We need God’s grace to fear him and to live obediently because we fear him. That means extending grace, of course, to others who truly fear God but still give into the desires of the sinful nature within. But, please understand, we do ourselves and our loved ones no favors at all when we act like sin is no big deal because God’s grace in Christ covers it all anyway. Sin is a big deal! The wages of it “is death” (Rom 6:23). When we rebuke someone who is sinning because we fear God, we are not trying to cut them down personally; we’re trying to save them from the destructive effects of sin. If you’ve ever had a loving friend step in and help you avoid or extricate yourself from sin, you know what a blessing that is. Until we are fully redeemed by God (at death or Christ’s return), we are vulnerable to the deceptive lives of our sin nature, the world, and the devil. But if we fear God and his discipline in our lives, it will help us avoid sin and find the fountain of life Solomon described in v. 27.

Exodus 35, Proverbs 11, Psalm 83

Today’s scheduled Bible readings are Exodus 35, Proverbs 11, and Psalm 83.

This devotional is about Exodus 35 with a cross-reference to Proverbs 11:24-25.

God’s law was given and God’s promise to lead Israel to victory was secured in the preceding chapters. Those who were unbelieving and worshiped the golden calf had been punished for their sins. Now, here in Exodus 35, it was time for God’s people to do what God had commanded them to do for worship.

The passage began with a reminder of the importance of rest and worship on the Sabbath in verses 1-3. Then, in verses 4-9, God commanded his people to “take an offering for the LORD” (v. 5a). The people were invited to give God the resources that would be needed to create the tabernacle and all its furnishings and equipment. This is how they would have the materials they needed to build a place for worship.

In verses 10-19, a different kind of offering was commanded; it the offering of one’s time and talent. God’s people were commanded to “make everything the LORD has commanded” (v. 10). “Everything” was detailed in verses 11-19. Those who had skills were to help Bezalel do the work (vv. 30-33). They were to learn what they needed to know from Bezalal and Oholiab, both of whom had “the ability to teach others” (v. 34b).

In verses 20-29, the people responded to God’s commands through Moses. They dug around in their luggage and belongings and found all the stuff that was needed to make the tabernacle and the tools of worship. Notice, however, that nobody forced them to give. Although the Lord had commanded them to give, nobody forced them to do so. In fact, the words of the passage communicate directly that their gifts were voluntary. Verse 22 says, “All who were willing, men and women alike, came and brought” these items to give to the Lord. Verse 29 repeated the point twice by saying again, “All the Israelite men and women who were willing brought to the Lord…” and by calling their gifts “freewill offerings for all the work the Lord through Moses had commanded them to do.”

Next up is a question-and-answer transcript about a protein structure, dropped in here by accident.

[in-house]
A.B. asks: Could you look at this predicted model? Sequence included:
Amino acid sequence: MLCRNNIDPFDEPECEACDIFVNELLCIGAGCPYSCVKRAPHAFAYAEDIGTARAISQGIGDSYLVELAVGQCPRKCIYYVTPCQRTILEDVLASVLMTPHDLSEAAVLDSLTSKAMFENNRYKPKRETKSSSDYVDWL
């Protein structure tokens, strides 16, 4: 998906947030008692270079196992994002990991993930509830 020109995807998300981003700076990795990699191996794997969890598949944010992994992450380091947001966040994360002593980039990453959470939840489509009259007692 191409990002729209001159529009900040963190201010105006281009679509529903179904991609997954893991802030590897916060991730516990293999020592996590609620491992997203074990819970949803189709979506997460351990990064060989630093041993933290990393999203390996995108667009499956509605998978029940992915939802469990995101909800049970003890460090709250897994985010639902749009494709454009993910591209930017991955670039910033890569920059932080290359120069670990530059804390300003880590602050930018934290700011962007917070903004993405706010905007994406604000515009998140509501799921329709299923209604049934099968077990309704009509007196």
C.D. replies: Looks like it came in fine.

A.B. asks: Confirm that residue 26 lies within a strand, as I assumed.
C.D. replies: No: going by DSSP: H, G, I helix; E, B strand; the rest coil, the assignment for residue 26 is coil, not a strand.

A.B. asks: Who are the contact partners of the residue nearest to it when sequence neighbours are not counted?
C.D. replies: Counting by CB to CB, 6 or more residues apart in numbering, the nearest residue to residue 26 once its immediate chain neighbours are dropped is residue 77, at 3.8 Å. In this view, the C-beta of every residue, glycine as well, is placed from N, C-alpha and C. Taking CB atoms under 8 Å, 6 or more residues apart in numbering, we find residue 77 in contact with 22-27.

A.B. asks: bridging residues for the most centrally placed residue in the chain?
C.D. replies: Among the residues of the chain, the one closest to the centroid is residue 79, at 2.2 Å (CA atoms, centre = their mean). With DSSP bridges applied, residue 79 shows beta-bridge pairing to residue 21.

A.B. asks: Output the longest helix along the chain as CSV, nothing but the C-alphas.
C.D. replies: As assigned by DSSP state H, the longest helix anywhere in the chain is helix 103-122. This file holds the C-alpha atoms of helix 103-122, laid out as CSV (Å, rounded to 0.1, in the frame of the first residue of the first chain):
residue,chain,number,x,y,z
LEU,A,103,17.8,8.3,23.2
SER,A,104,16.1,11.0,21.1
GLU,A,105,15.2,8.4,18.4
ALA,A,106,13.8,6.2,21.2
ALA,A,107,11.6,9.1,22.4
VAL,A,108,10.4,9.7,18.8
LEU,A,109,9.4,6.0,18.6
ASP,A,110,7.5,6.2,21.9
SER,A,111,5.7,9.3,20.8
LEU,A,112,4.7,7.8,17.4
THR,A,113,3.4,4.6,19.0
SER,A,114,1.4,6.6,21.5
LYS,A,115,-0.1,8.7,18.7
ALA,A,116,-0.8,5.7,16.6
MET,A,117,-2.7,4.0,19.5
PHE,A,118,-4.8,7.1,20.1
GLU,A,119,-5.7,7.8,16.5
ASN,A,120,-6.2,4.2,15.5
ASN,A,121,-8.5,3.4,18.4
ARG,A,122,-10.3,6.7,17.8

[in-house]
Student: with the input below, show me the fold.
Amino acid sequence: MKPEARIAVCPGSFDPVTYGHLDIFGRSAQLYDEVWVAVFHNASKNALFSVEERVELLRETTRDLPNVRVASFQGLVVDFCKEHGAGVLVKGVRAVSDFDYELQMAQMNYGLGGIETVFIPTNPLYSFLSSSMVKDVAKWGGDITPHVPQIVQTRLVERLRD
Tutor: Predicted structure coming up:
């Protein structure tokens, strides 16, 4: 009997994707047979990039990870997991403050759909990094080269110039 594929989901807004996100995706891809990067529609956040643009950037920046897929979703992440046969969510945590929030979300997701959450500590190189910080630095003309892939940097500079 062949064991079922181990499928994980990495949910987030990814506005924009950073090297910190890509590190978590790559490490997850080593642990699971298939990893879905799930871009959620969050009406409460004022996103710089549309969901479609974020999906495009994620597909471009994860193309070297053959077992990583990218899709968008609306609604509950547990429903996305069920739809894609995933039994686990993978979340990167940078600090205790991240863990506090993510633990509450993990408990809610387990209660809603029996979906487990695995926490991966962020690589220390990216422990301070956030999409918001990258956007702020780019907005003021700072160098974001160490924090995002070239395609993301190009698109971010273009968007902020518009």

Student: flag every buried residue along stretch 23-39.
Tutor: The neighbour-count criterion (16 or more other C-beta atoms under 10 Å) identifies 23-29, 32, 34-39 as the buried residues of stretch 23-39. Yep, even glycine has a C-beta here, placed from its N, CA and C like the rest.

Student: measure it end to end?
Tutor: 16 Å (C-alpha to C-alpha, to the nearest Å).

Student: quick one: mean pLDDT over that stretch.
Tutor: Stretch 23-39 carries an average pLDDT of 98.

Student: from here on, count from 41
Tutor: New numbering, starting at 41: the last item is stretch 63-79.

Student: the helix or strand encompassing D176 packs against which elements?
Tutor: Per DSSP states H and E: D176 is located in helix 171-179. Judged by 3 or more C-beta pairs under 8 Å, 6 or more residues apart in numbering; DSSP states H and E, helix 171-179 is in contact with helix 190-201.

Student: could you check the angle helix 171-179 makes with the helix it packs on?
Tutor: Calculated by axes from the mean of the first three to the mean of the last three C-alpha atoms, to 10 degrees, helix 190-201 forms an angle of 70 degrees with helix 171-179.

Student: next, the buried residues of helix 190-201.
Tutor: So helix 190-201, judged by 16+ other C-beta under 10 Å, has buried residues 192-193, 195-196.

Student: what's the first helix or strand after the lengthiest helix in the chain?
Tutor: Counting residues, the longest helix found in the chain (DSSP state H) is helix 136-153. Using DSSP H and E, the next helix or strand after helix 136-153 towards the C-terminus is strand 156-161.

This is how God’s work is provided for–by the willing gifts of his people. Although the things they gave (both their treasures and their time/talents) were used by the priests, what they gave was given to the Lord for his work (v. 29: “for all the work the Lord through Moses had commanded them to do”).

Proverbs 11:24-25 discussed the blessings that come through generosity. In verse 24, Solomon observed that generous people give stuff away, but gain more while the stingy get poor: “One person gives freely, yet gains even more; another withholds unduly, but comes to poverty.” Verse 25 repeats the prediction when it says, “A generous person will prosper” but then it adds a blessing, “whoever refreshes others will be refreshed.” These verses commend generosity in every aspect of life, not just for the Lord’s work but the principles taught here in Proverbs 11:24 -25 and modeled for us by Israel in Exodus 35 still apply. God provides for his work through the generous giving of his people. Are you giving generously to the Lord or are you withholding from supporting God’s work?

Some withholding is motivated by materialism; some is motivated by fear. In both cases, faith is needed. Do you believe that God will provide for you and even prosper you if you give generously out of love for him?

Exodus 32, Proverbs 8, Psalm 80

Today we’re scheduled to read Exodus 32, Proverbs 8, and Psalm 80.

This devotional is about Exodus 32.

The people of Israel had been slaves for 400 years. They knew how to follow orders, make bricks out of straw, and that’s about it. In the recent past, they rode a roller coaster of emotions as God liberated his people from Egypt but then allowed them to be chased by the Egyptians as well as struggle with hunger and thirst. These were all traumatic events. Without God, they were helpless against armies. Without Moses, they had no direction, no leadership.